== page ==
Year of a Million Dreams Revisitedby MouseStation Crew, staff writer
MouseStation 49 - Year of a Million Dreams Revisited
Run time 0:30:05
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In this week's feature, Mike and Mark revisit the topic of their first MouseStation show, looking at their predictions for Year of a Million Dreams and seeing how accurate they were..
Mike is not a big fan of the promotion. It's cool that they're giving away all of this stuff. But cast members are supposed to be doing this stuff every year, not just for the special promotion. The event draws away from the great things that cast members do every day.
Mark agrees to some extent. People don't know what the prizes are for and others are being disappointed when they don't manage to win anything. However, the number of spontaneous magic incidents has been dropping, and the push related to the promotion may help to get cast members thinking magically again.
We played a clip from the first show, where Mark talked about there being an increasing number of cast members who weren't willing to take that extra step, and perhaps this will serve to help bring the magic to the forefront, help more people come up with new magical moments and institutionalizing them. Mike disagreed, noting that cast members in the parks say that in-park magical moments are decreasing because of fear that it'll get confused with Year of a Million Dreams events. He also watched a Dream Squad member appearing to do things as if by schedule.
Mike feels that his contention in the first show is still accurate, and it's ruining the whole idea of Magical Moments, distracting from the magic in the park every day. Mark feels that, when Magical Moments are presented well, most guests don't realize that they have become rote for the cast member, and it's special for them.
Mark still feels that it has helped to boost the creation of magic in the parks, with creation of many new Magical Moments in the parks, the institutionalization of them, and the celebration of those moments in cast member publications.
Mike noted that Take Fives are the best magical moments, because they are more personalized. Also, resorts cast members have always been better at creating magical moments than parks cast members because they had more time available.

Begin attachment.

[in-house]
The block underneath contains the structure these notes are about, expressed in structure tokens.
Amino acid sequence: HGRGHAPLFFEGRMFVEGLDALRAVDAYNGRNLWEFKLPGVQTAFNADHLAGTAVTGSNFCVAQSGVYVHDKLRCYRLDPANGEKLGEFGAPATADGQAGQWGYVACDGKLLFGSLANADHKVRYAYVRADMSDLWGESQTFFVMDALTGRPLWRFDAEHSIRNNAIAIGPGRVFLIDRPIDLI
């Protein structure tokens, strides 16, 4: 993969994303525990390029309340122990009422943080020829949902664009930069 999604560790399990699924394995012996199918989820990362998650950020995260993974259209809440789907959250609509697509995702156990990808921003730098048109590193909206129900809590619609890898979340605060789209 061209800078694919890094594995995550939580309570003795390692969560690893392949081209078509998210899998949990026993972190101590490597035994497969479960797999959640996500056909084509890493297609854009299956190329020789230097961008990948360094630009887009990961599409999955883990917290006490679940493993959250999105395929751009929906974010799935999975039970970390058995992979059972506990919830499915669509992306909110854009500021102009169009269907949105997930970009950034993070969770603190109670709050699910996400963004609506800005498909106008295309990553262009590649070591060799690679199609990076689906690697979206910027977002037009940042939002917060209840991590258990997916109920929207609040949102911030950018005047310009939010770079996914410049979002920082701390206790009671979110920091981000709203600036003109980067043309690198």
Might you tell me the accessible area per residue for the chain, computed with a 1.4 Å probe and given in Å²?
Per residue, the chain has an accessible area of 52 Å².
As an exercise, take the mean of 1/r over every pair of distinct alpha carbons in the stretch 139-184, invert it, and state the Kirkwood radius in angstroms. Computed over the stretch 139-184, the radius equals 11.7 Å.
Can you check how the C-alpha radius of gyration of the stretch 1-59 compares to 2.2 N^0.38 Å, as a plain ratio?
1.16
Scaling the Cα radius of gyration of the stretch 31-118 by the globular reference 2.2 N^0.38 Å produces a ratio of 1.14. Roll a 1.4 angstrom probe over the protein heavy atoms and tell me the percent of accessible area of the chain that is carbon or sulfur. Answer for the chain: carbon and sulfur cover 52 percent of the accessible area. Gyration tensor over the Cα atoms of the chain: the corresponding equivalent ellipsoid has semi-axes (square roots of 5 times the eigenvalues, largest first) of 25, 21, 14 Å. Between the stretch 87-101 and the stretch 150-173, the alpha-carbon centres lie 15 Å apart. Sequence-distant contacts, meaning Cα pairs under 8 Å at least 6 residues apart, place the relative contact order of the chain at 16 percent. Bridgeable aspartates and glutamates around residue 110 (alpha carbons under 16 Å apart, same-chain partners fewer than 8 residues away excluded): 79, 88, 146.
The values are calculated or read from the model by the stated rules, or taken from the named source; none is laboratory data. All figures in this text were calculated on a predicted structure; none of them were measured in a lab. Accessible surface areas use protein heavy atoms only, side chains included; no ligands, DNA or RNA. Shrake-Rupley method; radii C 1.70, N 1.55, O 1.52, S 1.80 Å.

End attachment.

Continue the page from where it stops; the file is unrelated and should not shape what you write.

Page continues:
Mike discussed the difference between a Year of a Million Dreams prize, a Magical Moment and a Take Five. Mike placed much more importance on Take Fives than any other type of special moment, because it's personalized. Mike wants to see more personalized magic, rather than more staged moments.
Mark feels that cast members appear to be more engaged during this promotion than they had been before, because they had been slacking off in general in the recent past. He feels that cast members seem more attentive to guests' needs.
Mark thinks that, since Mike was a resorts cast member, he probably saw many more cast members making magic than Mark saw in the parks all of the time. He got Mike to agree that magic had been falling off in the parks, though he refused to concede that resorts were any less magical. Mark noted that this was probably because resorts cast members have more time with each guest than parks cast members, with the possible exception of custodial cast members.
Mike asked Mike how he would re-engage cast members without doing the Year of a Million Dreams. Mike suggested a program that encouraged cast members to do 1-3 Take Fives per day, logging the Take Fives, with points being awarded based on the creativity of the Take Fives to be awarded by supervisors. The success of the mandated Take Fives would help cast members become more excited about continuing to make magic.
Mark saw a problem with that, where the competitive nature of the program might cause cast members to focus on finding the most creative ways to invent Take Fives instead of perhaps doing a less-creative but more-needed Take Five. The free box of popcorn sometimes has more impact on a child than a spectacular moment that was devised for maximum creativity.
Mark feels that supporting people creating magic is good, but making it into a competition has too many inherent problems.
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Thanks to our audio engineer and sound editor Steven Ng.
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